apocralyptic's Dishonored (Xbox 360) review

Revenge Is a Dish Best Served by Possessed Rats

Though it suffers from some of the common issues of first-person stealth games, Dishonored's rich world and engaging gameplay make it well worth your time.

I've always found extremely frustrating the style of gameplay typically engendered by stealth elements. In games like Metal Gear Solid or Assassin's Creed, no matter how hard I try, I find there's a huge gap between the player I want to be and the player I actually am. The player I want to be is a cunning, graceful, and deadly phantom who strikes fear into the hearts of his enemies. The player I am is the guy who accidentally alerts the first guard he encounters and then is forced to clumsily mass-murder everyone in the room.

For stealth to work well, a game needs to be designed with clear, reliable mechanics paired with intuitive systems for player feedback, which is why the XBLA title Mark of the Ninja released earlier this year was such a phenomenal game. These requirements are also why I find first-person 3-D stealth games like Thief and Deus Ex to be problematic--in this setting it's much harder to design good mechanics for visibility and to communicate when the player is hidden and what actions will cause them to be detected.

However, both Thief and Deus Ex are highly acclaimed works, because they create captivating worlds and then give us the breath of gameplay choices to interact with these worlds in a variety of interesting ways. Consequently, even though I suspected Dishonored might suffer many of the canonical pitfalls of first-person stealth games, I felt it only fair to give it the same chance to impress me with its world and the things I might do in it.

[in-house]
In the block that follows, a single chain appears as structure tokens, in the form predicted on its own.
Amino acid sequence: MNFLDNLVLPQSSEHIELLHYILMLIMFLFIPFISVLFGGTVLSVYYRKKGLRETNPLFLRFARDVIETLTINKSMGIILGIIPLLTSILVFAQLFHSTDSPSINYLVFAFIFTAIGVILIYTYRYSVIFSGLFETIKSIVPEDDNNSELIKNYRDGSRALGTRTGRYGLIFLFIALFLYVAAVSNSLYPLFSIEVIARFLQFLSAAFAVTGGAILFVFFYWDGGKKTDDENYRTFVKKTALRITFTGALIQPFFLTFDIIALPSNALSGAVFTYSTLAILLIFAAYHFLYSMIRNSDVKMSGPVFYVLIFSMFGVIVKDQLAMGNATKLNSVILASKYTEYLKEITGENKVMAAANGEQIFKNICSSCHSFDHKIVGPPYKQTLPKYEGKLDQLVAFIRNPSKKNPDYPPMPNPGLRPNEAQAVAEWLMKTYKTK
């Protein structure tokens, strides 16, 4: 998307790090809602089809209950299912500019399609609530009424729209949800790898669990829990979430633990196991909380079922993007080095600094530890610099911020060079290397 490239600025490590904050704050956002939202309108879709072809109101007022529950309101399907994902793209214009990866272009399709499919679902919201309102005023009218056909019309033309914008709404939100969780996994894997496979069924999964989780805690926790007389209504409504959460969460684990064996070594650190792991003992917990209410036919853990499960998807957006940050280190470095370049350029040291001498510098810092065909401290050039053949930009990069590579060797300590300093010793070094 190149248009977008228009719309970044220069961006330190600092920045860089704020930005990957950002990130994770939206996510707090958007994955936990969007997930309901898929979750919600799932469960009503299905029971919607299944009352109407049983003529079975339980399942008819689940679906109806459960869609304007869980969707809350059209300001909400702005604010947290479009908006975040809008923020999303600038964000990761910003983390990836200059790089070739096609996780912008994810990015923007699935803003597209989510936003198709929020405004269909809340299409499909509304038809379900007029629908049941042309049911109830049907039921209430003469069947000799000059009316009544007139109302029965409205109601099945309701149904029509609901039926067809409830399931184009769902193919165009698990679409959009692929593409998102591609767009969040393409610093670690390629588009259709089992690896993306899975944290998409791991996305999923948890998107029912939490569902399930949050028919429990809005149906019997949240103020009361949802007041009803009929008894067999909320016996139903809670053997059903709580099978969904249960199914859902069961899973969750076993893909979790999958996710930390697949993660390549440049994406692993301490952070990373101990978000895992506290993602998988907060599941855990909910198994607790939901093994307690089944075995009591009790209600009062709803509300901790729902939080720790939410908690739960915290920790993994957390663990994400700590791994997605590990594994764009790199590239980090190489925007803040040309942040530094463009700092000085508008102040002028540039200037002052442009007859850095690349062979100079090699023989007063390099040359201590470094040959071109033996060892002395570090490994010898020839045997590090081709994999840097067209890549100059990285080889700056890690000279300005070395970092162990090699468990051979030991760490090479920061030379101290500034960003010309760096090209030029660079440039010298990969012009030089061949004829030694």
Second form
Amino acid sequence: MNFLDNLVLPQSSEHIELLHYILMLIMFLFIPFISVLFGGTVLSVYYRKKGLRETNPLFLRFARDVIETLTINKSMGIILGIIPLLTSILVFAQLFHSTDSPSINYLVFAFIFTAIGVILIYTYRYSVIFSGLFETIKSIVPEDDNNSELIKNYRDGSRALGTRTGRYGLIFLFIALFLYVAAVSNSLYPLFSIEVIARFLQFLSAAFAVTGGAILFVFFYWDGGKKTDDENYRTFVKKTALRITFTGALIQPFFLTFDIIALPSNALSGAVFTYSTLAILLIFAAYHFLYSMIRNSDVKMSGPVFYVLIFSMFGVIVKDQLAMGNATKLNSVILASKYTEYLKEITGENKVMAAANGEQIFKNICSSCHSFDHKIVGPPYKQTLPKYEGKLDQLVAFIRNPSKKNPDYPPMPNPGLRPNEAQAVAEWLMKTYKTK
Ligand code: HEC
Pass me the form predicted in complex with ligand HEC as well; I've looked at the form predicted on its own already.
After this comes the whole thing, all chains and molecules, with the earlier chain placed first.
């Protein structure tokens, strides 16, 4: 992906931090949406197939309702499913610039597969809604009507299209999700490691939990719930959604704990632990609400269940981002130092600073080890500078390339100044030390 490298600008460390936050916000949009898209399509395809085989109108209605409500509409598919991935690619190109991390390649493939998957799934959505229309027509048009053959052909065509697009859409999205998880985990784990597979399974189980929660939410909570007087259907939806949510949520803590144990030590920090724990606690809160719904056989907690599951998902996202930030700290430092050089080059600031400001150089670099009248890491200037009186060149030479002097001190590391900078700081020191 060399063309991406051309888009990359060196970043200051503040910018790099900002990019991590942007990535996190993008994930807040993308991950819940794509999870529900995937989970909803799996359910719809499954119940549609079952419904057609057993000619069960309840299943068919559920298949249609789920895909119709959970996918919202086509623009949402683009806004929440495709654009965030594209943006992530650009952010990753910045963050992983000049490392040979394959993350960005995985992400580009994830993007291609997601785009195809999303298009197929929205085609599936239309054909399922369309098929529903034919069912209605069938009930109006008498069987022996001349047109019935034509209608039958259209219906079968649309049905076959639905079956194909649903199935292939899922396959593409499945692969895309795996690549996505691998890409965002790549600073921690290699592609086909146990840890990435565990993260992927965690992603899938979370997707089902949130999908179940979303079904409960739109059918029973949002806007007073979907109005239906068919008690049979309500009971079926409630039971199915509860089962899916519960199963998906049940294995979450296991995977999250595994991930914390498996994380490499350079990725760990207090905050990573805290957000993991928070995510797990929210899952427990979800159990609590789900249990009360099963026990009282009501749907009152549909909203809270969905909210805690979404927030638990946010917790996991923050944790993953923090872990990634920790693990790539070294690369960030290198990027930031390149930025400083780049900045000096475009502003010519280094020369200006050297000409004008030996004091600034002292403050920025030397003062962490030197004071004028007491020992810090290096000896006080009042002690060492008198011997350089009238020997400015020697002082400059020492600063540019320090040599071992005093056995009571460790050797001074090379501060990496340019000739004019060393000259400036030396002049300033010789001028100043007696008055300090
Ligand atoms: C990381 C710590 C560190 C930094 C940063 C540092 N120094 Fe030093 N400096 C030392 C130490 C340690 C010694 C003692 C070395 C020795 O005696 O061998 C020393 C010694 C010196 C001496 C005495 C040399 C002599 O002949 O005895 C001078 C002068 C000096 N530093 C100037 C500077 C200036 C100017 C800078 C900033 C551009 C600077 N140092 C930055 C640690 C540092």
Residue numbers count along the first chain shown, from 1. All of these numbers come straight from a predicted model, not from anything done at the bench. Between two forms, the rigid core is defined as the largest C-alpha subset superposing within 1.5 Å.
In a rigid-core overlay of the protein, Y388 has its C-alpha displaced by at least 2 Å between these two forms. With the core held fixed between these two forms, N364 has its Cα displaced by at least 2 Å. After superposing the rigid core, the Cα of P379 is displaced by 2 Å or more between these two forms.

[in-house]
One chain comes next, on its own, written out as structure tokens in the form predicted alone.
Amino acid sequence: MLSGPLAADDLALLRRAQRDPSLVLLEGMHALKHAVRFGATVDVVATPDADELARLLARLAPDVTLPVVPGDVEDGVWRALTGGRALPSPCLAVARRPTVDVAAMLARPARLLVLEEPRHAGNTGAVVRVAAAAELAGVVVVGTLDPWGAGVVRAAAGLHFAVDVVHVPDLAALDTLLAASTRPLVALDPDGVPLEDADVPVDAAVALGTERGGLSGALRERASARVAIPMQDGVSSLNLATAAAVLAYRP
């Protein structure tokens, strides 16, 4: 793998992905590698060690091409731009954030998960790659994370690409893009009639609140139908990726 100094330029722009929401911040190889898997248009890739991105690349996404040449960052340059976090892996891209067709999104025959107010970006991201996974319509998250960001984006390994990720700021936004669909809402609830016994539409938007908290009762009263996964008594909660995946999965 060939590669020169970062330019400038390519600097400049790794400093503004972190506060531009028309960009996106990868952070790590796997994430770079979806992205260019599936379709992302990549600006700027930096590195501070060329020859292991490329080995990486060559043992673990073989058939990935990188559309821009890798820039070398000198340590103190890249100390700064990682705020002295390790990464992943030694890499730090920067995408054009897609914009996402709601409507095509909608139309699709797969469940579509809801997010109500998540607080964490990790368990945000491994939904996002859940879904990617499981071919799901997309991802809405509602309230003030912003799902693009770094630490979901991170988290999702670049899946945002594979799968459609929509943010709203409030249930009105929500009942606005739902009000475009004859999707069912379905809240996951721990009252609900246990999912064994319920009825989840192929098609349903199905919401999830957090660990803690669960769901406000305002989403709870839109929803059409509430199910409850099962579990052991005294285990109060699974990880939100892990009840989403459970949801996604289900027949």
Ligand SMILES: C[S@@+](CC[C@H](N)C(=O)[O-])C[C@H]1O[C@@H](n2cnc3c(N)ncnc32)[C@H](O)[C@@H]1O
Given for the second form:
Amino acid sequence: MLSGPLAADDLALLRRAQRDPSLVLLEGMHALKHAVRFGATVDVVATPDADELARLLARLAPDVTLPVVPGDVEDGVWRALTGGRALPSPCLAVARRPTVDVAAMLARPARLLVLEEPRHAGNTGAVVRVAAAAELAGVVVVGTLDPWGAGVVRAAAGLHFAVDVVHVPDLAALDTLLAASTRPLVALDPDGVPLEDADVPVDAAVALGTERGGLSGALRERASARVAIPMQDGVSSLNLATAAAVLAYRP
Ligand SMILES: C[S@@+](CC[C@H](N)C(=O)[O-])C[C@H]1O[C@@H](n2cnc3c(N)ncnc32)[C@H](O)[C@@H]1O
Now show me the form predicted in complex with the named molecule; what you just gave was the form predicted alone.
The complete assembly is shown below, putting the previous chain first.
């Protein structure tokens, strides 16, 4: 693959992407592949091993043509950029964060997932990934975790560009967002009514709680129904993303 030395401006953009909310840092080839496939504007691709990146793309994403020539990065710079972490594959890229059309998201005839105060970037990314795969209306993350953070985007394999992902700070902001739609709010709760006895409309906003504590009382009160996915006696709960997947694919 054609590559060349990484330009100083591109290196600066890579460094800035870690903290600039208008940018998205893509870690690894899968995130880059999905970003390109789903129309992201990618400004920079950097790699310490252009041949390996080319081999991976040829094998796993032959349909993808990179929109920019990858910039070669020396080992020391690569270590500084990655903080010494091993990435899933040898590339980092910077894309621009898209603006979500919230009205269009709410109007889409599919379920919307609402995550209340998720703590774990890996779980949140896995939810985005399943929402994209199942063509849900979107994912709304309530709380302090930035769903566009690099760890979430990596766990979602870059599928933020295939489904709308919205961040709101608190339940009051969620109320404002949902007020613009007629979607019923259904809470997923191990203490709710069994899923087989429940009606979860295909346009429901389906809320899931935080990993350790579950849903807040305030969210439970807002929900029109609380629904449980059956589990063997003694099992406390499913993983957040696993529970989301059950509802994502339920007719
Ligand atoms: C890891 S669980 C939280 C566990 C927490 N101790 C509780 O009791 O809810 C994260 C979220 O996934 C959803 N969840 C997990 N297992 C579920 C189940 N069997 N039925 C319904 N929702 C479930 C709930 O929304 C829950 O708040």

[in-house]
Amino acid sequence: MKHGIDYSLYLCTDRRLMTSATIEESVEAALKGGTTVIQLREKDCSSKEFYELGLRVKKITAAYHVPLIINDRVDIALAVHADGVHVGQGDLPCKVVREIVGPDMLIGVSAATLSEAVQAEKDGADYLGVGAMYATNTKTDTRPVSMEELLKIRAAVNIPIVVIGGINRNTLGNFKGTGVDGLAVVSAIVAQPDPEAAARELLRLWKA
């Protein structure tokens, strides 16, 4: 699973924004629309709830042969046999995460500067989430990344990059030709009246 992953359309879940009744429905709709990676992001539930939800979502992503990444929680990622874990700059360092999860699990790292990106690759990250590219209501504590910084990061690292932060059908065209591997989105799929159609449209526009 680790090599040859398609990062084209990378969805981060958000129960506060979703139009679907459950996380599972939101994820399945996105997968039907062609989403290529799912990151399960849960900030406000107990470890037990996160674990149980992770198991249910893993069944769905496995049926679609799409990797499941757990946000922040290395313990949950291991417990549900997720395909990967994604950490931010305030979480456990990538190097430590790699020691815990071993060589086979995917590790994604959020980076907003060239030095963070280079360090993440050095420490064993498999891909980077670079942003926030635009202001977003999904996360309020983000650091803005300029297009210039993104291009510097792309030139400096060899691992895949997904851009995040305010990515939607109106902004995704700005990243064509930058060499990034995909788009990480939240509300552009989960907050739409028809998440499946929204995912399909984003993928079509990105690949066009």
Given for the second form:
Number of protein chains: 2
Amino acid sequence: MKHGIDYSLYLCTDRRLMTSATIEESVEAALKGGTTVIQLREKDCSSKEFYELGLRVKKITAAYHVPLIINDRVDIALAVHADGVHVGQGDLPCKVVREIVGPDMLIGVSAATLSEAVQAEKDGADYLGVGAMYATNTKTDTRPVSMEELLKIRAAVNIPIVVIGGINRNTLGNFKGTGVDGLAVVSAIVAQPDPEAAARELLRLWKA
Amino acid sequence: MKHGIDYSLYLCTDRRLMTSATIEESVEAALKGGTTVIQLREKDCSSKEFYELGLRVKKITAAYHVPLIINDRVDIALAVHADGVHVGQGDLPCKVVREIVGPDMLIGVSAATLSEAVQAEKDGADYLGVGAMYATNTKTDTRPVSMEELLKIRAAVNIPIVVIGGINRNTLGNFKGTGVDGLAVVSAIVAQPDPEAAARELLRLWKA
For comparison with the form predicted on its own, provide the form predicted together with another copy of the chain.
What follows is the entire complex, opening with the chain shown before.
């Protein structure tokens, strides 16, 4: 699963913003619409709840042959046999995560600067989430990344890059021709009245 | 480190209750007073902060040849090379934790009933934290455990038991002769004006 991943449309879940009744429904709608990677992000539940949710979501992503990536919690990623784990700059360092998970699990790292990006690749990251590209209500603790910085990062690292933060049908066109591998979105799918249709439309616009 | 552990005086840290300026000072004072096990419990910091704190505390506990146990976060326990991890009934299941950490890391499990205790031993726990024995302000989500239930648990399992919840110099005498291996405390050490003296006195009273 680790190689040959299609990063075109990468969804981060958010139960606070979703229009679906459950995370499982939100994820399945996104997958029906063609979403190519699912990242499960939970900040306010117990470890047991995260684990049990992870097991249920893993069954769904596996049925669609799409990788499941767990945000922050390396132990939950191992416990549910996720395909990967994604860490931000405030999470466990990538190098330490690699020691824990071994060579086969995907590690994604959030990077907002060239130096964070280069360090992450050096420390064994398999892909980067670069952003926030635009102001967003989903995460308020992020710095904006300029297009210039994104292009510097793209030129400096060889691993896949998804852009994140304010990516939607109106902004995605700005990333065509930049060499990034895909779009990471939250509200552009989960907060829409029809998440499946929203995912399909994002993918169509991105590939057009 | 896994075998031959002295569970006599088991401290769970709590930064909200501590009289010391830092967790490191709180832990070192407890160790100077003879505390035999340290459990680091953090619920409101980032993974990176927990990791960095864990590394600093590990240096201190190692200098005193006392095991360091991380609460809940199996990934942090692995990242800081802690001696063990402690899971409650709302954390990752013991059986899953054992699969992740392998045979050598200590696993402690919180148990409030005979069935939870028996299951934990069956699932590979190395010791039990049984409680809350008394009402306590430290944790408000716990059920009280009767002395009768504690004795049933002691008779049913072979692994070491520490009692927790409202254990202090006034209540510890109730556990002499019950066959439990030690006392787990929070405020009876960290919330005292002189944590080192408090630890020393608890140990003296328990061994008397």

Let's start with a bit of background: Dishonored is set in the fictional city-state of Dunwall, a industrial-era Victorian sort of place where everything is powered by magical whale oil. Unfortunately, all this blubber-driven technology has little effect on a devastating plague that is decimating the city, and things quickly go from bad to worse when the Empress of Dunwall is murdered and you, her personal bodyguard and occasional boy-toy, are blamed for it. Shortly before your impending execution, standard video game tropes finally work their magic a grant you a means to escape, new weapons and gadgets, and supernatural powers, i.e. everything you need to go on a murderous campaign to seek revenge on the people that ruined your life and betrayed your country.

Dunwall is like the England of Charles Dickens crossed with the England of "Children of Men".

I won't ruin the rest of the story except to say that there are a few plot twists, though I found them all to be fairly predictable. (And mind you, I'm the sort of person who rarely guesses plot twists beforehand.) However, what Dishonored lacks in story it more than compensates for in terms of ambiance and gameplay.